Programming languages: Python developers now outnumber Java ones

Python has attracted two million new developers over the past year.
Written by Liam Tung, Contributing Writer

Python's rise among developers around the world has been documented by several well-known programming-language indexes. But UK developer-focused analyst SlashData has now put a figure on the actual number of developers that use the language. 

According to SlashData, there are now 8.2 million developers in the world who code using Python and that population is now larger than those who build in Java, who number 7.6 million. Last September, there were seven million Python developers and 7.1 million Java developers. 

Python adoption has been rapid, with SlashData estimating the language gained more than two million new developers in 2018. 

"The rise of machine learning is a clear factor in its popularity. A whopping 69 percent of machine-learning developers and data scientists now use Python, compared with 24 percent of them using R," the company notes in its report.   

It's not known precisely how many developers there are in the world. However, several firms have estimated the number. One proxy is Microsoft-owned code-hosting site GitHub, which reports having about 36 million users today. 

GitHub officials in 2017 estimated there were roughly 20 million developers worldwide, while IDC estimated there were 18.5 million in 2014. Developer analyst Redmonk's 2017 "wild-assed guess" was that the worldwide population of developers was 35 million.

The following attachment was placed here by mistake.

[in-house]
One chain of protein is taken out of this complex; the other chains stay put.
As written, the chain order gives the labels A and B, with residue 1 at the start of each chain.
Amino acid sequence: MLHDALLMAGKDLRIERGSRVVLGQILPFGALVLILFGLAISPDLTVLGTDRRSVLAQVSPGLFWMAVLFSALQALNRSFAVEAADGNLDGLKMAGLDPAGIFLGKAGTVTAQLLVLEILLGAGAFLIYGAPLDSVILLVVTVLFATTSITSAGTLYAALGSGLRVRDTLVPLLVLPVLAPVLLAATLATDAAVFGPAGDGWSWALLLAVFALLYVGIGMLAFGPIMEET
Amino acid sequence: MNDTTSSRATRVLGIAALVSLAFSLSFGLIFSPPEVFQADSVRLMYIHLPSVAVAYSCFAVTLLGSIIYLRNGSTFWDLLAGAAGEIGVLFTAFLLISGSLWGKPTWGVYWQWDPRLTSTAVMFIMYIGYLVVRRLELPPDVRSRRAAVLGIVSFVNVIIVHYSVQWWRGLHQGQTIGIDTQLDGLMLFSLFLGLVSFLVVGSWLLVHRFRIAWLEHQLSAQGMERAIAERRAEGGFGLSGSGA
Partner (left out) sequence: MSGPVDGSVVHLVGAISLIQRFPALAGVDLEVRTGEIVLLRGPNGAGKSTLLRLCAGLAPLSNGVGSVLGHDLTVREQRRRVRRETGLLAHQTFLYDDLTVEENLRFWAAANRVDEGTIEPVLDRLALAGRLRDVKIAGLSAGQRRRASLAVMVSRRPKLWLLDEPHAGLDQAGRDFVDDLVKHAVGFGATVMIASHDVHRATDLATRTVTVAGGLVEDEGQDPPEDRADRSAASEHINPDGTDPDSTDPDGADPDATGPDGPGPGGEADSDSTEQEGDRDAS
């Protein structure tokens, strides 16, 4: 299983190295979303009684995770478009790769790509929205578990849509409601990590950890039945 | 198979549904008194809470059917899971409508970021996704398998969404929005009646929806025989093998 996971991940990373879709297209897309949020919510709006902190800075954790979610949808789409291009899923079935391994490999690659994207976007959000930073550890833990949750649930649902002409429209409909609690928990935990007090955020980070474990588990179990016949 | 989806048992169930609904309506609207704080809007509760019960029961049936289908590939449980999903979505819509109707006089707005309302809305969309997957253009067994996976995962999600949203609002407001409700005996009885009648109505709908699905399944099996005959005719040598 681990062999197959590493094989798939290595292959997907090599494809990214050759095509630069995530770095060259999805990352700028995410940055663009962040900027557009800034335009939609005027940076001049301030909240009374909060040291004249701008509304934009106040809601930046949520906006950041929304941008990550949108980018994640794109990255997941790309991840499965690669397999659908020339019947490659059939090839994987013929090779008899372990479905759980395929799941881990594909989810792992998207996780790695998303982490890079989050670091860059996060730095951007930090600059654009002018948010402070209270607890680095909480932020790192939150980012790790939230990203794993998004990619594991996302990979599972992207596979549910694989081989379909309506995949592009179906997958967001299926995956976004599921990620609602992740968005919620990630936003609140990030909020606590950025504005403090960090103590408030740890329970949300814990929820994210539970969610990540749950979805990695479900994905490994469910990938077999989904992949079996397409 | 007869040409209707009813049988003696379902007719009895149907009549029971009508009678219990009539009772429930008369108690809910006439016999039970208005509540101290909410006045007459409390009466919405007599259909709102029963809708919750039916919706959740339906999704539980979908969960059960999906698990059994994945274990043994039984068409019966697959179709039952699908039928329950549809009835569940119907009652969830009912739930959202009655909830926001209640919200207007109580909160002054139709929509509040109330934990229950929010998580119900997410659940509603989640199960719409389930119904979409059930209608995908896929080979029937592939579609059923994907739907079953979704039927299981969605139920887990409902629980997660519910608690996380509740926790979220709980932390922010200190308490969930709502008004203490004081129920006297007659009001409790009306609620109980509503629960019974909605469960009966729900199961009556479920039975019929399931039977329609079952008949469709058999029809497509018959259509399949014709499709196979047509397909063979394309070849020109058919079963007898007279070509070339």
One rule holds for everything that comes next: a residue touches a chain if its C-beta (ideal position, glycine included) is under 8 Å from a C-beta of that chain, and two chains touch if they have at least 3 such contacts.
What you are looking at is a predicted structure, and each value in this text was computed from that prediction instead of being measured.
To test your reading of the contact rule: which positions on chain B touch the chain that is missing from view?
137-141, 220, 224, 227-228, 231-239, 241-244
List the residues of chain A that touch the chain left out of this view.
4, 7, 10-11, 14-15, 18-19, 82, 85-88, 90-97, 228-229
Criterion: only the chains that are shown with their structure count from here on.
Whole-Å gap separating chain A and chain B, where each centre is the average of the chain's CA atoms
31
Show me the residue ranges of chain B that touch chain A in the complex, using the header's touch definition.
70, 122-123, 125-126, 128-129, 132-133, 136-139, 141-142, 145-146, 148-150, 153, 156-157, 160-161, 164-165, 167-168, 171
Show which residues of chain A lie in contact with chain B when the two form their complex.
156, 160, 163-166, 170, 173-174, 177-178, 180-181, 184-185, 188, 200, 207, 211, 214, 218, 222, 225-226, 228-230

SEE: Python is eating the world: How one developer's side project became the hottest programming language on the planet (cover story PDF) (TechRepublic)

The language with the largest population of developers is JavaScript, according to Slashdata, which lumps in CoffeeScript and Microsoft's increasingly popular TypeScript with JavaScript. 

As of the fourth quarter of 2018, there were 11.7 million active JavaScript developers, according to Slashdata,.

TypeScript is a superset of JavaScript and is designed to help developers use JavaScript with large-scale projects. RedMonk in March ranked it the 12th most popular language.

SlashData's numbers are based on a survey of 20,000 developers and the company claims it can uniquely estimate the number of developers who use the most popular languages, compared with Tiobe, RedMonk, and Stack Overflow, which only describe the relative popularity of each language. 

Python's eclipse of Java would not be good news for Oracle, which paid $7.4bn for Sun Microsystems in 2009 and cited Java as the "most important software Oracle has ever acquired". The company has since been in a protracted legal war with Google over its use of Java in Android.  

Other languages with many millions of active developers include C#, C and C++, which popped up to third place in Tiobe's April 2019 index, thanks to broad compiler support from the likes of GCC, Clang and Microsoft Visual Studio. C# had 6.7 million users while C and C++ had 6.3 million users. 

Meanwhile, there were 5.9 million developers who actively use PHP, 3.1 million developers who code in Visual tools, and 2.1 million who use Apple-developed Swift. There were 1.8 million Ruby users, 1.7 million Kotlin users, 1.6 million Objective C users, and 0.9 million Lua users.


Python adoption has been rapid, with SlashData estimating the language gained more than two million new developers in 2018.

Image: SlashData

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